Sure in the short run it costs a bit more but in the long run it saves.

Posted by: visionbrkr | August 12, 2010 10:49 AM | Report abuse

@visionbrkr: Pretty much all of the available research says that any long-run cost savings are outweighed by the upfront costs of more preventive care. There are some categories of preventive care that are cost-effective, but in general it is not the case.

Note: this does not mean we shouldn't do preventive care, but you can't use cost as a rationale for doing it.

Posted by: ab_13 | August 12, 2010 11:07 AM | Report abuse


Given that healthcare costs are rapidly rising and that sooner or later many of us are likely to get some severe illness which is expensive to treat, does preventative care really save money in the long run?

As an example, suppose we spend a little bit on a mammogram and it catches a 60 year old's breast cancer early when it is easily removed. That surely saves money now, and for years the total health care dollars is almost certainly going to be lower than if the screening had not been done. But then suppose this woman now gets cancer again, at age 75, after 15 years of health care cost inflation. I'd expect total costs under the preventative care scenario to be higher. While 15+ years of extra life is a real benefit which outweighs those costs, the costs are still higher.

Of course, this same person could die of a heart attack in their sleep or drive into a tree and so the costs aren't guaranteed to be higher, but in many cases they probably will be. Are there any studies which take this effect into account?

Posted by: justin84 | August 12, 2010 3:42 PM | Report abuse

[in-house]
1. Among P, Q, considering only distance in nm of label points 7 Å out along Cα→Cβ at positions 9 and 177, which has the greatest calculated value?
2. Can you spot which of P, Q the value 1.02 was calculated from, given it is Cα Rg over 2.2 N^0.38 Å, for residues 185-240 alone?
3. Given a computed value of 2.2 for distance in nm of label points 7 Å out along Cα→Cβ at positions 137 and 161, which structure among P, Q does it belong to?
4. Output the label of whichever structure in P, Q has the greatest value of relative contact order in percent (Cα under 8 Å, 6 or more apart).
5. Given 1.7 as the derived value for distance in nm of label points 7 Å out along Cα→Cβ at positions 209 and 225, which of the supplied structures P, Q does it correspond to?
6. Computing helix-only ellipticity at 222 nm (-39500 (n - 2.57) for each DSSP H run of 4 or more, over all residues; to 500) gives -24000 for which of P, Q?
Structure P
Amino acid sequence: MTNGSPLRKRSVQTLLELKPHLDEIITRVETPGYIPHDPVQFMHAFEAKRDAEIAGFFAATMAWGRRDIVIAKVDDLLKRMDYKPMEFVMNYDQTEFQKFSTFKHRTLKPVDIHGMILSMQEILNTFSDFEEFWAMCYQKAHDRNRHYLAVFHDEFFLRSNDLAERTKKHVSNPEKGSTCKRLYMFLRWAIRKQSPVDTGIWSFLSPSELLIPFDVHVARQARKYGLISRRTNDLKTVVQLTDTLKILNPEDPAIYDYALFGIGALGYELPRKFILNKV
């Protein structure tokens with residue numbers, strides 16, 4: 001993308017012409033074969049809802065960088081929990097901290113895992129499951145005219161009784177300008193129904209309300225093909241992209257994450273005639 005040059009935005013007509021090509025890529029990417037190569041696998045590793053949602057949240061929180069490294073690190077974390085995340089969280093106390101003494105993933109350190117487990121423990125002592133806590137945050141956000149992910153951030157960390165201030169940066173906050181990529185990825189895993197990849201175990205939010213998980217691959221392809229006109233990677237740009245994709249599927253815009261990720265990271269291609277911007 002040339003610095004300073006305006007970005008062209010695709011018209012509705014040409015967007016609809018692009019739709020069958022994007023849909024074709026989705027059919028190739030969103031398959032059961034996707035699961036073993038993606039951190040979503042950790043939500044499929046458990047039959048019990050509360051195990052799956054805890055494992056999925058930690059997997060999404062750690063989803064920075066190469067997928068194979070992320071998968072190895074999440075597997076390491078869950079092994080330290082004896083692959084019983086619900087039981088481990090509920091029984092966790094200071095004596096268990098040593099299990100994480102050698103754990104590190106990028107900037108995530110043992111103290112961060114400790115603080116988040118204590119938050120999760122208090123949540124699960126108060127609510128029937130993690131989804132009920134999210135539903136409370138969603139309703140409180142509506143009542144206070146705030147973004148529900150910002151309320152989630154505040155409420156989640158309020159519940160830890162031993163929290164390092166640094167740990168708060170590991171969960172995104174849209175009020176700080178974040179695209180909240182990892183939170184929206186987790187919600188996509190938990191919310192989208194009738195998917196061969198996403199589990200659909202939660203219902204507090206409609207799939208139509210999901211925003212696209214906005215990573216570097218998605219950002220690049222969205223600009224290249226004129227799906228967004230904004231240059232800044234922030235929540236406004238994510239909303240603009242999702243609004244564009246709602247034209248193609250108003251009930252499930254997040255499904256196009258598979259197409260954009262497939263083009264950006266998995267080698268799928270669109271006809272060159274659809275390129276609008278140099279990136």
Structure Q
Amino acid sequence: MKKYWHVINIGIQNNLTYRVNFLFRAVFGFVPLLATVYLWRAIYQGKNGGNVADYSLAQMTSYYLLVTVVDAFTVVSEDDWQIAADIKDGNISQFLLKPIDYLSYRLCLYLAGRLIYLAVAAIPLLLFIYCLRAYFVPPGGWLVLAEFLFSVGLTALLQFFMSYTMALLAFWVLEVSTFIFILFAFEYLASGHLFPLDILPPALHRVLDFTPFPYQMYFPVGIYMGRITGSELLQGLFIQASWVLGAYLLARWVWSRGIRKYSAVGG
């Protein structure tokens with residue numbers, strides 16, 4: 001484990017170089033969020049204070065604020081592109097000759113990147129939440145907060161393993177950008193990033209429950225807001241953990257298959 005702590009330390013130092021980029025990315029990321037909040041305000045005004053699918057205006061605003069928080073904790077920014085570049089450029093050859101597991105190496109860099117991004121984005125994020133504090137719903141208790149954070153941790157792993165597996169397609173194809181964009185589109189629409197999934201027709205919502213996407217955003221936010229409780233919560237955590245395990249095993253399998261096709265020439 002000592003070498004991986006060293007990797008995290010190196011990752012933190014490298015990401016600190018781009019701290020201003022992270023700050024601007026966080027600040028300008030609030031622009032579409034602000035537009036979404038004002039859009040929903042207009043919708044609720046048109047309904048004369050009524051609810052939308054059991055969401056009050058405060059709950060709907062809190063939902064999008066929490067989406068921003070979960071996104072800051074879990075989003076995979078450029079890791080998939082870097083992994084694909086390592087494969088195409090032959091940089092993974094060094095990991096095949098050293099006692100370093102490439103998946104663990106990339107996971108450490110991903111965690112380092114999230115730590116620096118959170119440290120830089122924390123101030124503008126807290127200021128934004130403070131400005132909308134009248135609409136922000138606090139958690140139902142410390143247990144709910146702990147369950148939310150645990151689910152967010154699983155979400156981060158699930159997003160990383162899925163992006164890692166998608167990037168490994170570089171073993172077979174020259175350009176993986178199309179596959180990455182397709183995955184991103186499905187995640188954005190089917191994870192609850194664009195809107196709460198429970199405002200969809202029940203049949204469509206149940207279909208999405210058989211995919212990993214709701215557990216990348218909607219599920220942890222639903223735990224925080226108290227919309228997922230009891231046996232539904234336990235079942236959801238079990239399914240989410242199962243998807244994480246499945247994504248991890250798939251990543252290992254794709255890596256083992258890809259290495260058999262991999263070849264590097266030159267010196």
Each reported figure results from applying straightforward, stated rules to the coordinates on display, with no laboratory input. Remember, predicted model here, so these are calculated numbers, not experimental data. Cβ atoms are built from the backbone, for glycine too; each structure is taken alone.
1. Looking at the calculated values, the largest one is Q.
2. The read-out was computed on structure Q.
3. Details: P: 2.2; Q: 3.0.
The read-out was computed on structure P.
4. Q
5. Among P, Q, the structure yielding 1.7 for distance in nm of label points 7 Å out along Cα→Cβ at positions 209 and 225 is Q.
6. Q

I see your point but I also see the fact that people are living through many illnesses that killed them much sooner looking back 20-25 years ago.

If that same individual in your example didn't get the mammogram and contracted cancer but treated it and lived through the first episode and then again through the second then the costs would still be higher.

The only thing that I can point to is the fact that mortality tables for life insurance have increased over the last 10-15 years.

Posted by: visionbrkr | August 12, 2010 4:28 PM | Report abuse

@justin84 and @visionbrkr, see here:

Posted by: ab_13 | August 12, 2010 4:48 PM | Report abuse

RE: Preventative care saving money...

I did a lot of reading on this topic during and after the health care debate because the subject was controversial on this blog back then as well. My conclusion from that extensive informal research is that much of the controversy arises from confusion on how broadly one defines prevention.

Many insurance plans now happily waive the co-pay for simple periodic "wellness" exams and tests, because it is true that money is saved overall as a result of early detection and intervention, rather than having some major illnesses go undetected and untreated until an advanced stage.

However, (for example) if during a "wellness" exam, your doctor detects high cholesterol, and prescribes an expensive statin that you continue to take indefinitely for years to come (along with all the follow monitoring of your blood work), this sort of "preventative" intervention may be more expensive (system-wide) than treating the smaller number of heart attack victims and cardio-vascular disease cases that might arise if none of the same patients had been placed on a statin regime. Evaluating the total savings inherent in treating all cholesterol cases with statin drugs involves some fairly complex (and controversial) questions about precise risk levels, effectiveness of the medication, etc. It really is not that easy to quanitify.

And obviously far more money would be saved if the patient succeeds instead in lowering his or her cholesterol with diet and exercise. Doctors who are good at nagging their patients instead of just reaching for the prescription pad do a lot to add value to preventative care.